Hello Rabat, Rabat Says Hello!

Headshot of Zoe Carver.
Zoe Carver
February 2, 2023

As I peered out the window as we started our descent, the image below was like nothing I’d ever seen. Boxy white houses with square windows littered the landscape like lego pieces, all in stark contrast to the ocean's cool blue glow cutting its way across my window. As the plane's wheels graced the small runway I knew Rabat would be nothing like what I’d ever experienced before.

Thankfully, there aren’t that many flights to Rabat each day, so several others from my program were on my flight. The airport only had two gates, and as we deboarded, I saw a Ryanair flight with passengers walking straight onto the tarmac. Fitting. 

It didn’t take long to get through security. Passport control asked me a question in Arabic. I responded with, “Huh?” to which the man just shrugged and handed me back my passport. Customs didn’t so much as put my bag through a security detector, they just nodded and allowed me to keep walking. Maybe it was the shiny blue of my American passport, maybe it was the slightly confused look in my eye. Either way, I was in and out of the airport within ten minutes, which was perfect as the jet lag was already starting to hit me. 

After being picked up and dropped off at the hotel by people from the IES Abroad Center, I went with a few others to wander around the Old Medina. We walked past colorful yards of fabric, intricately made lamps, and beautiful leatherwork, all while under a gorgeous canopy of different colored fabrics that stretched between the apartments on opposite sides of the narrow road. Many local Moroccans approached us, with a Welcome to Morocco gleam in their eyes. One even led us to a place to get tagine, of course not without asking for a few dirhams in return. The meal was delicious, complete with fries, bottled water, and piles of bread to soak up all the juices from the tagine. The restaurant even gave us spoons too, but that was probably due to our loud English.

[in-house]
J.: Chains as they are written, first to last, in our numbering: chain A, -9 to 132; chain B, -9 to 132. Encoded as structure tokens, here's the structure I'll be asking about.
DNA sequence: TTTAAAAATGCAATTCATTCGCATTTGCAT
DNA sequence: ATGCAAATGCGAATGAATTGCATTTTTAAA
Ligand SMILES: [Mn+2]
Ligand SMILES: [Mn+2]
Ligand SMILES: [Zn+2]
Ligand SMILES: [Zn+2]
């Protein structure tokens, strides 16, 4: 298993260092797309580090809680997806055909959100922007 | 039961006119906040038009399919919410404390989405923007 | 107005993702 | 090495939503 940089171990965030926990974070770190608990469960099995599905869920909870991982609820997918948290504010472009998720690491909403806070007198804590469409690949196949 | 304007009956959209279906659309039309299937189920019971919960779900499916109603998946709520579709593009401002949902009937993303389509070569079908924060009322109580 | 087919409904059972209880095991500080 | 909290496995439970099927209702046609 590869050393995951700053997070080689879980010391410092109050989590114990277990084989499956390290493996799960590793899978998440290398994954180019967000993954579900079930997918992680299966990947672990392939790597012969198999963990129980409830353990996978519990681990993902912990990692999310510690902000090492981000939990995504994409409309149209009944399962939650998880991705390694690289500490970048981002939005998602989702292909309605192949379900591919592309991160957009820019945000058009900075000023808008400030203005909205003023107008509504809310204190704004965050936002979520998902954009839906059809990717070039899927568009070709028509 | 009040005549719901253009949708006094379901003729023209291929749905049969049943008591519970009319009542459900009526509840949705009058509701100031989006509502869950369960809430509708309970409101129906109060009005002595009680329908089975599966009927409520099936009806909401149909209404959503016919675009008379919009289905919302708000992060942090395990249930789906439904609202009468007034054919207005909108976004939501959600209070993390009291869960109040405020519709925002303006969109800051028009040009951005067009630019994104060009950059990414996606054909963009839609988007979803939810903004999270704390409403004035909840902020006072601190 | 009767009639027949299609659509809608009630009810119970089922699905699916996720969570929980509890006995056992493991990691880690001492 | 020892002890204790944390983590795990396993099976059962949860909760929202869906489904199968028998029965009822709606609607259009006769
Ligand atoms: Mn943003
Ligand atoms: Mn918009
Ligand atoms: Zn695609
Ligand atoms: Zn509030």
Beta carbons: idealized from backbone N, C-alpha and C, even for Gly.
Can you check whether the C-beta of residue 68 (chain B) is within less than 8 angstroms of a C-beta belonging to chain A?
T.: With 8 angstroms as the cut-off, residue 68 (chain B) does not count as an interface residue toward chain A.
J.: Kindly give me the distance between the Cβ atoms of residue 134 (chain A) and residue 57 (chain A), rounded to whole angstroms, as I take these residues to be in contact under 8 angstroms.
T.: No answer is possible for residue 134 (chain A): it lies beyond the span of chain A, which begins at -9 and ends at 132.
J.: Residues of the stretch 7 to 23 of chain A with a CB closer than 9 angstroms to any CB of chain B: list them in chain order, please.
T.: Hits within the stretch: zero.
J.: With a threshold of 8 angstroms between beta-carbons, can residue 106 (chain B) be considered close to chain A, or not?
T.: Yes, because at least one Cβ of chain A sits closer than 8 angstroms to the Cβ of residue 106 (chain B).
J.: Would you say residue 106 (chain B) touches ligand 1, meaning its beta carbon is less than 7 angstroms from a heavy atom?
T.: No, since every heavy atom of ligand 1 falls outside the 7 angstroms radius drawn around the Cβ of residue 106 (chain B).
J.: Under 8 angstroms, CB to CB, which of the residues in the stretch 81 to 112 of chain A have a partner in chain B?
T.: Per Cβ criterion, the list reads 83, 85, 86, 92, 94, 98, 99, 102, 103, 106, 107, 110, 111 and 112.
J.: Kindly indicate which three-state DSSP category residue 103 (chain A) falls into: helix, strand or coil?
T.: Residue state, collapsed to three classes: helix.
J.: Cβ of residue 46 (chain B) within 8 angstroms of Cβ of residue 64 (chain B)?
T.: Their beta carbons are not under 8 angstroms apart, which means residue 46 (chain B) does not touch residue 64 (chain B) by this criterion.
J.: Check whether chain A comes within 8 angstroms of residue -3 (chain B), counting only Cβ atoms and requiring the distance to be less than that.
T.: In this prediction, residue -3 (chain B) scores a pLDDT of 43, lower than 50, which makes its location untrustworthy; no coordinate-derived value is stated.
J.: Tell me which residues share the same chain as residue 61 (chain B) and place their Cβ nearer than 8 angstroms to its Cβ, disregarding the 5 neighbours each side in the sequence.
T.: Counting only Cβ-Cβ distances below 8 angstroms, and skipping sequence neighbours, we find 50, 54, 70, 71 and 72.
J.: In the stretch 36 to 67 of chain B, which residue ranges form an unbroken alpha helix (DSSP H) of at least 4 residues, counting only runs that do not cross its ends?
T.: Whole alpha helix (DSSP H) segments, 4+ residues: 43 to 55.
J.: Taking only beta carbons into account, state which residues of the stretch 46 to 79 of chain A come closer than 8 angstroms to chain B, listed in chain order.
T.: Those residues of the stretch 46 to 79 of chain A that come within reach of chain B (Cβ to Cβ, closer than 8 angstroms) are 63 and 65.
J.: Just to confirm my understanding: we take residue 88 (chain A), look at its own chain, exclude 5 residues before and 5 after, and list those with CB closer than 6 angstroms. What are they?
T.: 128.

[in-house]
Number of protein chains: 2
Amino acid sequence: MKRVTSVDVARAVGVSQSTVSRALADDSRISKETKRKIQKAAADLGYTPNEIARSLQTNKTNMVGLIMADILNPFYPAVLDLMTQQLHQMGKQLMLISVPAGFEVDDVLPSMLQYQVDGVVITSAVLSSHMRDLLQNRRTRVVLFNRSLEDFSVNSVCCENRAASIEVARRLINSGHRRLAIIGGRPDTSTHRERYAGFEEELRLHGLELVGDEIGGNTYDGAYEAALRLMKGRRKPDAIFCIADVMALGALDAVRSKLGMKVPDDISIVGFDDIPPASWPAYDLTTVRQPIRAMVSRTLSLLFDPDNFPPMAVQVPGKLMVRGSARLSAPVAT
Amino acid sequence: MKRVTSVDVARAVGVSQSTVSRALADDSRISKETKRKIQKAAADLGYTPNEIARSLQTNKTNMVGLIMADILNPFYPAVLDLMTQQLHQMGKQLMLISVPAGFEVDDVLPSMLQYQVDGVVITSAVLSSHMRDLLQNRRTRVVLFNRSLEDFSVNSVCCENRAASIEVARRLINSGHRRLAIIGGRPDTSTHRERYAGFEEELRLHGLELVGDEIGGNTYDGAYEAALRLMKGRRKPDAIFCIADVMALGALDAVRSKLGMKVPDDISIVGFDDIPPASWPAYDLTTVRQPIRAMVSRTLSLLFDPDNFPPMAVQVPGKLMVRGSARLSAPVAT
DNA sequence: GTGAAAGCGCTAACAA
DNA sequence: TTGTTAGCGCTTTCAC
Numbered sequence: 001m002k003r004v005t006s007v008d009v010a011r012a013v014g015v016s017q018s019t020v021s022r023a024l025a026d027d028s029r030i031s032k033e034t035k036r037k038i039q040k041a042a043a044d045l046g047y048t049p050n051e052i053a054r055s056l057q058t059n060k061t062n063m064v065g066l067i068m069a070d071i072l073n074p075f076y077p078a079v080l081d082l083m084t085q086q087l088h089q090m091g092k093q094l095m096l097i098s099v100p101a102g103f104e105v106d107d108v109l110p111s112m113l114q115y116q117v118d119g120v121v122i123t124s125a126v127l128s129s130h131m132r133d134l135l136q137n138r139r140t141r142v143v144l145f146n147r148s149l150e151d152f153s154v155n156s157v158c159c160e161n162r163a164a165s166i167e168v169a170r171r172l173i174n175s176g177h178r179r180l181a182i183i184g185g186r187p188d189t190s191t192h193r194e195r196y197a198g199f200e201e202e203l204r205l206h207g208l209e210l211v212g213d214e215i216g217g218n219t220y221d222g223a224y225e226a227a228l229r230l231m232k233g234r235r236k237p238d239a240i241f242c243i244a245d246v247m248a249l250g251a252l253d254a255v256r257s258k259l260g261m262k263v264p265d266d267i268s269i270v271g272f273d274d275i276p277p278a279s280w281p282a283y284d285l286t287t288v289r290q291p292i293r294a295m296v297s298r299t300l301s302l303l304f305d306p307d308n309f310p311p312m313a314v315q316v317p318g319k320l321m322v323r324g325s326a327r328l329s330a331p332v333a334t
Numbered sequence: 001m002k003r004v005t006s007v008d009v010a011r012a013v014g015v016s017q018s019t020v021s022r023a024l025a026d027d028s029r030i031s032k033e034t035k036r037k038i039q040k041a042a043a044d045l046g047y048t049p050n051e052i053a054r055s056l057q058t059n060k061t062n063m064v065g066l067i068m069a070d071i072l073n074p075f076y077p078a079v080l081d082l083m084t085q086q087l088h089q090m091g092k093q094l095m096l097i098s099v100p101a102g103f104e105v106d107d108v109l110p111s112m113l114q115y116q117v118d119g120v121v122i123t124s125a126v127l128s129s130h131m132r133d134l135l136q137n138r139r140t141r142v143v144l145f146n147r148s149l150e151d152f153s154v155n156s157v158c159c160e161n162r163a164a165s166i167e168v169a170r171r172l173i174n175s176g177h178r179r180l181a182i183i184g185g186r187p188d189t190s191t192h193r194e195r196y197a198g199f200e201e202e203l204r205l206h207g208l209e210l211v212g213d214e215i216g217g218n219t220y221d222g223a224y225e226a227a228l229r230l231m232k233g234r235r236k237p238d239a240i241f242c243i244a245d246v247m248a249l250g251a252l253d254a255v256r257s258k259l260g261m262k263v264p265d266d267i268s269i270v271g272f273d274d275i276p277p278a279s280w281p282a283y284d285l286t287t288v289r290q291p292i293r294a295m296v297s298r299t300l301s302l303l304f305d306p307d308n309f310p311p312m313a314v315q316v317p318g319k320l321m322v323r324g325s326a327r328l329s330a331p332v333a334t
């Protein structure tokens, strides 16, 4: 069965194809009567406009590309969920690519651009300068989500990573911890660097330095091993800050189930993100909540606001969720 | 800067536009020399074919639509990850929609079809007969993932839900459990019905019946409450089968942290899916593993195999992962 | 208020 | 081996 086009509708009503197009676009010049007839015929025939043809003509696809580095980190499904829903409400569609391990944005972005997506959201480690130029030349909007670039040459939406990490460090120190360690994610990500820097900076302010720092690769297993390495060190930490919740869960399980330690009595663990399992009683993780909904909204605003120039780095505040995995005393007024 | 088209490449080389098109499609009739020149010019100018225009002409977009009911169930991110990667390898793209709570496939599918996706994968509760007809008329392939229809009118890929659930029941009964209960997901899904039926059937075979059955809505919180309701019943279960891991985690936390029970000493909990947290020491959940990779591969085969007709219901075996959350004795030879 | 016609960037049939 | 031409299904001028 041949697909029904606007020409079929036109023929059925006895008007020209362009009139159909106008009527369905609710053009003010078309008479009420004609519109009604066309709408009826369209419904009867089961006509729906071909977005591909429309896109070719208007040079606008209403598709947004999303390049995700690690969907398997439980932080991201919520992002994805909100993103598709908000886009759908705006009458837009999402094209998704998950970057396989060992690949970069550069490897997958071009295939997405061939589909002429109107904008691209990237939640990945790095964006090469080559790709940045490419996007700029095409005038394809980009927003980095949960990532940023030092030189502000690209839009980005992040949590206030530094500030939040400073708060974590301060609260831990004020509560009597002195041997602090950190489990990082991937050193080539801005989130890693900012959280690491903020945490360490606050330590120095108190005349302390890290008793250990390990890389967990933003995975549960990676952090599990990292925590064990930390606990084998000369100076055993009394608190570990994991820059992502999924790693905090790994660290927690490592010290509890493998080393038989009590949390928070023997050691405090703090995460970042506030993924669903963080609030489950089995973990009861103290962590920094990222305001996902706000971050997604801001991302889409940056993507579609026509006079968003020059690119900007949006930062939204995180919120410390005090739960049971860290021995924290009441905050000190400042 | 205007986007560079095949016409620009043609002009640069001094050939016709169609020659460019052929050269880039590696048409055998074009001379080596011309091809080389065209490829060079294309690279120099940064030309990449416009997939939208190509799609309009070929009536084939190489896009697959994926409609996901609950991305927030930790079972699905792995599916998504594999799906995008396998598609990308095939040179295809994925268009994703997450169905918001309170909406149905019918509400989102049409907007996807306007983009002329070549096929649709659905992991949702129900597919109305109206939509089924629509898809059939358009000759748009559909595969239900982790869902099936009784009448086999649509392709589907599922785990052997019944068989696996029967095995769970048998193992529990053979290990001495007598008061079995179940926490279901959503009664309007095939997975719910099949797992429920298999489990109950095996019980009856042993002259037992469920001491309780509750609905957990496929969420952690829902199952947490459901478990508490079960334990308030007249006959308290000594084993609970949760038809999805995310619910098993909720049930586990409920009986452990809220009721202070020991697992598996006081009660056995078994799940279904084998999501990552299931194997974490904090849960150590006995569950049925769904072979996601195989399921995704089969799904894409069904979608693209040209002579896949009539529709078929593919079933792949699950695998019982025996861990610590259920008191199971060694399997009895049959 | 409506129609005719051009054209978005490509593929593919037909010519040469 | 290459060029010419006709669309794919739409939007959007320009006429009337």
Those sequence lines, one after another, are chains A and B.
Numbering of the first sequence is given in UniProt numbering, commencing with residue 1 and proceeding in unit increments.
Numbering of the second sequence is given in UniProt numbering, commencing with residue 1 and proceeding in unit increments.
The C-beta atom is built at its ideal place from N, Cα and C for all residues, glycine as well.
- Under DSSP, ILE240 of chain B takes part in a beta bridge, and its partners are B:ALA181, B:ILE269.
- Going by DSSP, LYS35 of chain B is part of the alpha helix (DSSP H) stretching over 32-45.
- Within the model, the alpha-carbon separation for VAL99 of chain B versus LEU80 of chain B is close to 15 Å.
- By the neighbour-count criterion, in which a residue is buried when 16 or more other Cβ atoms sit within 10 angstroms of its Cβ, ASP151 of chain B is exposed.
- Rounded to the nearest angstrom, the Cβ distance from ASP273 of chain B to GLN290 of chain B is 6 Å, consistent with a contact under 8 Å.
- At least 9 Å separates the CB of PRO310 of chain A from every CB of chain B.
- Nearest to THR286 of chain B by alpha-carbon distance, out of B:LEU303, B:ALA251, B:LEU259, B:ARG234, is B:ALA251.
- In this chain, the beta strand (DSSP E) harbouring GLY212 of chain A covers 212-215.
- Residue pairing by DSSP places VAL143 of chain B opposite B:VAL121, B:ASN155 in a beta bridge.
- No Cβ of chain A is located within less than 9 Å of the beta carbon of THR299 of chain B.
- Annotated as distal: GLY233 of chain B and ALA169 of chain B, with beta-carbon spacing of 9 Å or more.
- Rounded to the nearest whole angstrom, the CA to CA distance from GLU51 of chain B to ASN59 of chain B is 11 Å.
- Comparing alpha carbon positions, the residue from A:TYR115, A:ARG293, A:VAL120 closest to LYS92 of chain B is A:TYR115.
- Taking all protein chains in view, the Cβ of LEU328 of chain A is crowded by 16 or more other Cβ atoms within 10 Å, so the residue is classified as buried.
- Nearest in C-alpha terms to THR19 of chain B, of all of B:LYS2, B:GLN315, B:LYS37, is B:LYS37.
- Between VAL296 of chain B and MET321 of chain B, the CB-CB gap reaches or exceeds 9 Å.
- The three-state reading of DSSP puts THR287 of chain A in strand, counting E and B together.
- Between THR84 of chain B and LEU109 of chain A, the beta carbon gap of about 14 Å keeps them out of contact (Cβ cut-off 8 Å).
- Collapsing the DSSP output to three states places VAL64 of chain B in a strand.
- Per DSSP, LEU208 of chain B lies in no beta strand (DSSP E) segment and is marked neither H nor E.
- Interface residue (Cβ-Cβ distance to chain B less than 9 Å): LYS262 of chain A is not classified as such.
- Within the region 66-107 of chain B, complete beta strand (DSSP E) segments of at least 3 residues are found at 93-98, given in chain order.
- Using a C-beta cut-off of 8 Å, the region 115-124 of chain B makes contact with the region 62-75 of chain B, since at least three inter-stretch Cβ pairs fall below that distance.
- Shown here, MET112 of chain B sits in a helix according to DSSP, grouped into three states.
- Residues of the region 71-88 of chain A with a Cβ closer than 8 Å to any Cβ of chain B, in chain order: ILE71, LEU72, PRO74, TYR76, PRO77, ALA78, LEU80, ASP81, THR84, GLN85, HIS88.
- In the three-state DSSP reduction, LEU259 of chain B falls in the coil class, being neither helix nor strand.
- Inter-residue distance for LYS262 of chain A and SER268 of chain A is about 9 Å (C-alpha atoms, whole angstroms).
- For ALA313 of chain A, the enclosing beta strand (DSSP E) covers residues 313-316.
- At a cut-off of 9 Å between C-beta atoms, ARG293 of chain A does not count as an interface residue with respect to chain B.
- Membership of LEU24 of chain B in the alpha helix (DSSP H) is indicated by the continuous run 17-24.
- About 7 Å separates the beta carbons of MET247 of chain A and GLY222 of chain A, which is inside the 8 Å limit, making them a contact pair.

After an early turn-in, we approached our second day in Rabat (and the last before our orientation in Meknes). Bright and early, we met at the IES Abroad Center, a beautiful white building complete with colorful tents, places to study, and a constant stream of atay and gateau, Moroccan tea and cookies. After a thorough safety, housing, and academic orientation, we had lunch at one of the host family's homes in the Medina, which just so turned out to be my host family. I didn’t know which I was most excited for, the beautiful blue building with its stained glass roof, or the incredible couscous and atay I simply couldn’t get enough of. 

Before I could even ask how to say jetlag in Darija, we were off for a tour of Rabat. I was astounded at all the history the once pirate-controlled town had to offer. We walked from my host home to the coast, and peered out into the steady waters of the Atlantic. From there, we entered the Kasbah, an ancient fortress now converted into apartments and stores. We stopped briefly at a Moorish cafe overlooking the sea, before continuing on into the city. Next, we went to the Royal Palace, a gigantic private compound where the Moroccan King resides. He’s not just a figurehead either, but an actual ruling King, a part of the second oldest modern dynasty. When we were done dreaming about encountering the Crown Prince, we finished the tour at the Tour Hassan, an ancient Mosque that was never completed. At the time of its construction, it was meant to be the tallest building in all of Morocco, but the Sultan who was supposed to finish it died, and an economic recession left it permanently standing at half its intended height. 
My feet were hurting, my head was reeling, but that didn’t stop us from driving down the coast to a Moroccan restaurant for dinner. The service was complete with waiters in traditional Moroccan dress singing, playing drums, and dragging us into dance circles. Once we got over ourselves, we let loose, and enjoyed the dancing and chanting along to words we didn’t quite yet understand. 

As the sun finally set over the Atlantic, a brilliant display of soft purples and rich cerulean, I drank my final atay for the day. There would be plenty more of it to come. And I couldn’t be more excited. 

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Headshot of Zoe Carver.

Zoe Carver

Zoe Carver is a second-year student of International Affairs and Peace Studies at the George Washington University, minoring in French and Creative Writing. She is originally from Portland, Oregon and is apart of GW's Literary Magazine, Model UN team, and Student Climate Coalition. She just finished a positon interning in the United States Senate, and has a deep love for crocheting.

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